…successful people feel the same lack of motivation as everyone else. The difference is that they still find a way to show up.
As one year ends and another begins, many people make New Year’s resolutions. Often, those resolutions involve establishing good habits or breaking bad ones.
One of the best books on habits is Atomic Habits by James Clear. It focuses on how to effect tiny changes that yield remarkable results.
Making tiny changes instead of monumental overnight ones is nothing new. Kaizen, the Japanese business concept of continuous incremental improvement, is similar.
Clear’s model is unique and appealing because of the four simple "laws" he lays down:
1. Make it obvious.
If you want to form a new habit, make sure the best choice is the most obvious one. Put apples in a bowl on the kitchen counter instead of in the crisper drawer. Place products you’re trying to sell at eye level.
Clear also talks about the benefits of connecting a habit you want to form with one you already have. He calls this habit stacking. Want to drink more water? Drink one glass immediately after you use the bathroom in the morning.
2. Make it attractive.
Temptation bundling attaches a habit to something you enjoy doing. Your goal might be to use your treadmill more often. Decide to watch Netflix only when on the treadmill. Now using the treadmill becomes more appealing.
Clear advises surrounding yourself with people who embody your desired habits. Peer pressure at its best.
Much of making it attractive involves a mental shift. Instead of “I have to,” say “I get to.” Instead of thinking “I should go to the gym,” say “It’s time to go build some muscles and burn some fat.” Trying to learn to meditate? Think of each interruption as an opportunity to practice returning to your breath.
3. Make it easy.
Create an environment in which doing the right thing is as easy as possible. In the business world, Clear notes that “the most effective way to employ the 3rd Law of Behavior Change is to map out the chain of behaviors that a customer must perform to purchase your product or use your service, and then search for any possible area where you can reduce the friction associated with the task.”
Several retail websites do a great job of this. They store your billing and payment information so you don’t have to re-enter them each time. They allow you to reorder with a sole click. They provide filters for your searches.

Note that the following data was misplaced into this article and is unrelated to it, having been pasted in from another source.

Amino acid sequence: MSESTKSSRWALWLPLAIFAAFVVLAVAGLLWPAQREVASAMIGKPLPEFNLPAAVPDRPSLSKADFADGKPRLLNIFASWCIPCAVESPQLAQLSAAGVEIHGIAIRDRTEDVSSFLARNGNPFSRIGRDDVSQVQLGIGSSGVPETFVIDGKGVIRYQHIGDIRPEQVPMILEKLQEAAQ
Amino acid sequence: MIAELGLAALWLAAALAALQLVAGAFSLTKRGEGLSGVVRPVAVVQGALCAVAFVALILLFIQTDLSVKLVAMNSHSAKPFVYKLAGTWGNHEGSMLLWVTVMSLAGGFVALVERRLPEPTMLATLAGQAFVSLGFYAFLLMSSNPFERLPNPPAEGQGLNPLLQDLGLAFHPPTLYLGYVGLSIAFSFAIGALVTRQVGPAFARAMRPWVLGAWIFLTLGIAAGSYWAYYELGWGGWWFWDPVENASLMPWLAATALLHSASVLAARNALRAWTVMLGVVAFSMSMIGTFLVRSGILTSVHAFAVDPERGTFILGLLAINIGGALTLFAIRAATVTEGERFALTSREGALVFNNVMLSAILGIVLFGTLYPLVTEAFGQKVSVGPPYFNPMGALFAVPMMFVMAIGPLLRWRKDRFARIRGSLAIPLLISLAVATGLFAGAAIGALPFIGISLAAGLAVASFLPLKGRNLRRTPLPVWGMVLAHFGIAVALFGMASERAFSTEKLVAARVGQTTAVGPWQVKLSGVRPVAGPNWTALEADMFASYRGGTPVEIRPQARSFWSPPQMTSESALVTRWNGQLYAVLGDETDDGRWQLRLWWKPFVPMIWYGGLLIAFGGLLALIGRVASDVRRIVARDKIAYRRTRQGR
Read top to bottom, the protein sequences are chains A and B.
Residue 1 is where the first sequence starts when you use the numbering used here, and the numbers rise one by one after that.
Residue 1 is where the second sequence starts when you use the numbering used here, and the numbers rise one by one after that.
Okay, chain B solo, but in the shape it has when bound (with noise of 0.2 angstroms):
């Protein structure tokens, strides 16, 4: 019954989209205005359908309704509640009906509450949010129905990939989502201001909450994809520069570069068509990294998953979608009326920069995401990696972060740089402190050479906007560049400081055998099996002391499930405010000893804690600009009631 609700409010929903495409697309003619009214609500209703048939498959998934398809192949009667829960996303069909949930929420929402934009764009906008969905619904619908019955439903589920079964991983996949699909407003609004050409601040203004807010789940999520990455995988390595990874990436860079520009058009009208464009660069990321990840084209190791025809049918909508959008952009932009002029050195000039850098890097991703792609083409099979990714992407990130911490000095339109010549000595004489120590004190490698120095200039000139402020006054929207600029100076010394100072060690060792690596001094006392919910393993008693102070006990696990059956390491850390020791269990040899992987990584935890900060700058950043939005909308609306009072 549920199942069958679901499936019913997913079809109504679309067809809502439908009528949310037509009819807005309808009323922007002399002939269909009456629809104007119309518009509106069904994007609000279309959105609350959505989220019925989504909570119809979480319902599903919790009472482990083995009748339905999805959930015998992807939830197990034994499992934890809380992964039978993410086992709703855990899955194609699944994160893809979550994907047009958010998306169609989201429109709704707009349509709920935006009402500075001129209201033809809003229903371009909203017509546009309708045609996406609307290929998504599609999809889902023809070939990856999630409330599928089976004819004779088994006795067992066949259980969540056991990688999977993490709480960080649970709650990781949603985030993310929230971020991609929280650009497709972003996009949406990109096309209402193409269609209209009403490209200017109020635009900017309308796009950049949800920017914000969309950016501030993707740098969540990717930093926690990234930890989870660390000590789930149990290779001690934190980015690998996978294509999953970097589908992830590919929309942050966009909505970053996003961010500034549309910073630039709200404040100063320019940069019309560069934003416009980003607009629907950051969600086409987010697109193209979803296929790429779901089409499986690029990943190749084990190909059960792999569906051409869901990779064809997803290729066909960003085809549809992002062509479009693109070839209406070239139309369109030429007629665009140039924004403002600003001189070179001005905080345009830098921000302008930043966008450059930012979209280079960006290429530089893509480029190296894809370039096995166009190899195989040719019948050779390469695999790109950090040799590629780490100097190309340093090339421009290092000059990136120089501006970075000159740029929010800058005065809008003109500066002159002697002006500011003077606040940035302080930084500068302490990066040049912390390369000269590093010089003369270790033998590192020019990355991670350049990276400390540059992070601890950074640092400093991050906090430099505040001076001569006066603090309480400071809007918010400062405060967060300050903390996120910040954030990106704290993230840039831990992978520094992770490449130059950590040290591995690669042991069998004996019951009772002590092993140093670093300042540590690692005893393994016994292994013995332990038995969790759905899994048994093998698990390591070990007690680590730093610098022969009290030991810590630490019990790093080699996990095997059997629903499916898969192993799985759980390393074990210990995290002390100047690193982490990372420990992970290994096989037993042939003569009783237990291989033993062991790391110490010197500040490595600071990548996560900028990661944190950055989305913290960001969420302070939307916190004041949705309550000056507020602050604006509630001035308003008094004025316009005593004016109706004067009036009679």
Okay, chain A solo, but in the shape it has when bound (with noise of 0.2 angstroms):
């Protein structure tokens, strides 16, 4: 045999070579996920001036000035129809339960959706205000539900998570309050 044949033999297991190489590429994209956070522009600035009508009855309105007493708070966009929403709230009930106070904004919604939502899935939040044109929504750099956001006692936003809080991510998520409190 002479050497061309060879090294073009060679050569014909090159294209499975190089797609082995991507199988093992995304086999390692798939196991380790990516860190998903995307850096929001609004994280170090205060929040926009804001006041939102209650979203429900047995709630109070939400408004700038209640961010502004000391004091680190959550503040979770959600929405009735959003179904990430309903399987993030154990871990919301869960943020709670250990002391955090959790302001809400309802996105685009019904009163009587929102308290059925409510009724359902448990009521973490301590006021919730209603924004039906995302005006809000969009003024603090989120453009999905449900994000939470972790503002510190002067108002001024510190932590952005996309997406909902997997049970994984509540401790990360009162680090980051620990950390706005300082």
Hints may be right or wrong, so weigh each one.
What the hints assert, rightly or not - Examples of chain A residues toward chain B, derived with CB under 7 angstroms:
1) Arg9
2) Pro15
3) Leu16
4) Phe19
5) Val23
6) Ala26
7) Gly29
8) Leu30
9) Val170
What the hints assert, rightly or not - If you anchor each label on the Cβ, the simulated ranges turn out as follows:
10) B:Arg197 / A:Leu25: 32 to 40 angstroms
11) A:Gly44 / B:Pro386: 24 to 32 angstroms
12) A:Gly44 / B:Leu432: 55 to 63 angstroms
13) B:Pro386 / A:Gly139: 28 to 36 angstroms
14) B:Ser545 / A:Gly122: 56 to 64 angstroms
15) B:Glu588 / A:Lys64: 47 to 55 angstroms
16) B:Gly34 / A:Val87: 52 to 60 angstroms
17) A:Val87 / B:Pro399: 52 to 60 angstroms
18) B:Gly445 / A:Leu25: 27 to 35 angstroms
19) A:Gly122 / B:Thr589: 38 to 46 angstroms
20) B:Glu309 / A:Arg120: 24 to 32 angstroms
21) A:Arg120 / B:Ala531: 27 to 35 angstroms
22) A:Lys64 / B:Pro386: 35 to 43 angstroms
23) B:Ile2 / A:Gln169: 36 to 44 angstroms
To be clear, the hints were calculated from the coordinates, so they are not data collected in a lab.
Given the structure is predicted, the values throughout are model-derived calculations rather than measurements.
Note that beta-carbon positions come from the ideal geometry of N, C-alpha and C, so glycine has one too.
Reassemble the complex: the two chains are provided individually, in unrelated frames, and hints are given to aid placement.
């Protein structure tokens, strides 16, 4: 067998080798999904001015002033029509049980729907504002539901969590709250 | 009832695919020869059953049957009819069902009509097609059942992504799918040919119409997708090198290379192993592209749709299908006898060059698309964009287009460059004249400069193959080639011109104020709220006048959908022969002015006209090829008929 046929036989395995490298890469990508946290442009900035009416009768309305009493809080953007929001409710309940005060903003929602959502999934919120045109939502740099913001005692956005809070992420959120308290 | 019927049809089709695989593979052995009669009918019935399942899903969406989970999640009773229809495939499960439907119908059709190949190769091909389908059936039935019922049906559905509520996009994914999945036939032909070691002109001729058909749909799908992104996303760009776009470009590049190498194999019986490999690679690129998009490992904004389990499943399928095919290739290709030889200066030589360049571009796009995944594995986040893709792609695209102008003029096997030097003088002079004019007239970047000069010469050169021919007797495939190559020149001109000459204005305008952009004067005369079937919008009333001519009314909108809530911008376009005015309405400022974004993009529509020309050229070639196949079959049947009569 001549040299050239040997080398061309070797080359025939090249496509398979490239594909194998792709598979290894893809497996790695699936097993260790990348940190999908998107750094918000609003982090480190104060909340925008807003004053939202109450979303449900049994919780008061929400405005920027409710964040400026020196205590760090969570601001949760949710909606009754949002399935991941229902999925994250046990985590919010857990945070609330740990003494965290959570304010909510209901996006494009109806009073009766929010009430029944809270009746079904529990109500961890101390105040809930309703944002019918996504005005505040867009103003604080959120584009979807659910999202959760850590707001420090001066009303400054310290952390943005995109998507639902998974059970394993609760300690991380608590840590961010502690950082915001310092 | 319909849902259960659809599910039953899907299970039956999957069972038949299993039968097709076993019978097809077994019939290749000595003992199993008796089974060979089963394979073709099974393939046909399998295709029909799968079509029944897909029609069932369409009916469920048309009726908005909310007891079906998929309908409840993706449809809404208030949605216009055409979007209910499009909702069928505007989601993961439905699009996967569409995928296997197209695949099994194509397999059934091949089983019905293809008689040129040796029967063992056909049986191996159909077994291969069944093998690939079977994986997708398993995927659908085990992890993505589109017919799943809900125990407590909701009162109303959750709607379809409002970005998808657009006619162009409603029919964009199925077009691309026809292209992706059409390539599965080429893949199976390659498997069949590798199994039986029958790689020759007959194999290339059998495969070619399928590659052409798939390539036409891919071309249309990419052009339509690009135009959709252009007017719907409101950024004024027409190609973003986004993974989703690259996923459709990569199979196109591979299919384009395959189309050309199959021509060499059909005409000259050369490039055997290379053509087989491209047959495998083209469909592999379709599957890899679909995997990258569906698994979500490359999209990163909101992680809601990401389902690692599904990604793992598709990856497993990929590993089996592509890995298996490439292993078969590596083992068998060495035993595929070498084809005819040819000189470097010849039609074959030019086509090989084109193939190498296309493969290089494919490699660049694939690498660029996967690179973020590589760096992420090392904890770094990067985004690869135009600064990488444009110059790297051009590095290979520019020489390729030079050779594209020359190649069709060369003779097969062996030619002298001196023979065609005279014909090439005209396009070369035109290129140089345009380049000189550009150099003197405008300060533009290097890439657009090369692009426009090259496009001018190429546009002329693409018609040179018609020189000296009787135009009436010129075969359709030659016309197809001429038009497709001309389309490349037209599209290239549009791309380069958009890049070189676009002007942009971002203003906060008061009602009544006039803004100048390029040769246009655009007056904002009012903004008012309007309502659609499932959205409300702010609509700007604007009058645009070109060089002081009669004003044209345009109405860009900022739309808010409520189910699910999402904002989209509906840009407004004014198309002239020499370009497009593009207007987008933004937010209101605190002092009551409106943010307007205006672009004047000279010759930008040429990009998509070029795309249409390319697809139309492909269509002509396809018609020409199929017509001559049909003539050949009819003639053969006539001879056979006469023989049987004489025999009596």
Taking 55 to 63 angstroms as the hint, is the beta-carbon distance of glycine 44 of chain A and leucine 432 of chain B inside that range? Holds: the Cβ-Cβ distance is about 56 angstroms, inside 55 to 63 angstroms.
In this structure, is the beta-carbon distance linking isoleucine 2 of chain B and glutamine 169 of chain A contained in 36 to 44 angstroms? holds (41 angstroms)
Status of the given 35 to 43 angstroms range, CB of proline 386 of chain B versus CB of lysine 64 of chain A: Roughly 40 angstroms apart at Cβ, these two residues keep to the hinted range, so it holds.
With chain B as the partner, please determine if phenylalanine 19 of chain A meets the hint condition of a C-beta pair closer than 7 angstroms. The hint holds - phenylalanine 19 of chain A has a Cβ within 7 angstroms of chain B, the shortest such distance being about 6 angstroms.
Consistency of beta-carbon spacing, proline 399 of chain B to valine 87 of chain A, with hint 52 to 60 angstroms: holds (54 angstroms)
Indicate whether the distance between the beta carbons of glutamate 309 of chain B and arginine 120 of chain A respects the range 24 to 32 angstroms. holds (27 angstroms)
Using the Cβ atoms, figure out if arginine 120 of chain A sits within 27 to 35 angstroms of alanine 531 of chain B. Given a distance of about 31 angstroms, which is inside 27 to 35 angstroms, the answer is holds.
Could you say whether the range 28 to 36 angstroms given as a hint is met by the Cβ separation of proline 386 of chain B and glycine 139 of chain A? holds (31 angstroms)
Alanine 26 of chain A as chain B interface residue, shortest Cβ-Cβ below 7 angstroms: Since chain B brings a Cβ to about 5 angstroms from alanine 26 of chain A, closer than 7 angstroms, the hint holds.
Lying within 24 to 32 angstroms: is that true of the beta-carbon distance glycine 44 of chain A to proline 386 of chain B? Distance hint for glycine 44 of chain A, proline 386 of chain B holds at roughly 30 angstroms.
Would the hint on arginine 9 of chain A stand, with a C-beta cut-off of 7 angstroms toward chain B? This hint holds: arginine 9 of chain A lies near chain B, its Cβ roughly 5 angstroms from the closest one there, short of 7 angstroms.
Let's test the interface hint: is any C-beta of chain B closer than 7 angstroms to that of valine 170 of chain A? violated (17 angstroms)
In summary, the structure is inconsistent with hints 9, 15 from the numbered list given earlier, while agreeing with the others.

Follow the two-minute rule: when you start a new habit, the first step should take fewer than two minutes. Don’t start by trying to run 5K–start by putting on your running shoes. Don’t add the next step until you’ve made the first one a consistent part of your life.
Use technology to automate your habits as much as possible. For example, set up automatic transfers to your savings account. That kind of step is a onetime action that locks in a good habit.
4. Make it satisfying.
Our preference for immediate gratification makes it challenging to break bad habits. The consequences of overeating or smoking are long term; the rewards are immediate. To get around this, find a way to add a little bit of immediate satisfaction to whatever habit you want to adopt.
For some people, a simple habit tracker suffices. Others find it helpful to have two containers. Fill one with some small object such as marbles and leave the other empty. Each time you take a step related to your desired habit, move one item from the first jar to the second one. A step could be doing ten squats, writing a page in your novel, or reaching out to a potential client. The once-empty container forms a visual display of your progress.
Motivation and willpower matter far less than consistency.
Why follow these four rules? As Clear notes:
Changes that seem small and unimportant at first will compound into remarkable results if you’re willing to stick with them for years.
Many people abandon their New Year’s resolutions. They work hard but see no immediate results. This is true not only for diet and exercise, but also for goals like blogging. Many blogs see no real results until they’ve been active for at least eight months, and then they explode.
Instead of focusing on goals, says Clear, establish systems that achieve results. After all, winners and losers have the same goals. The difference is in the steps they take to reach them.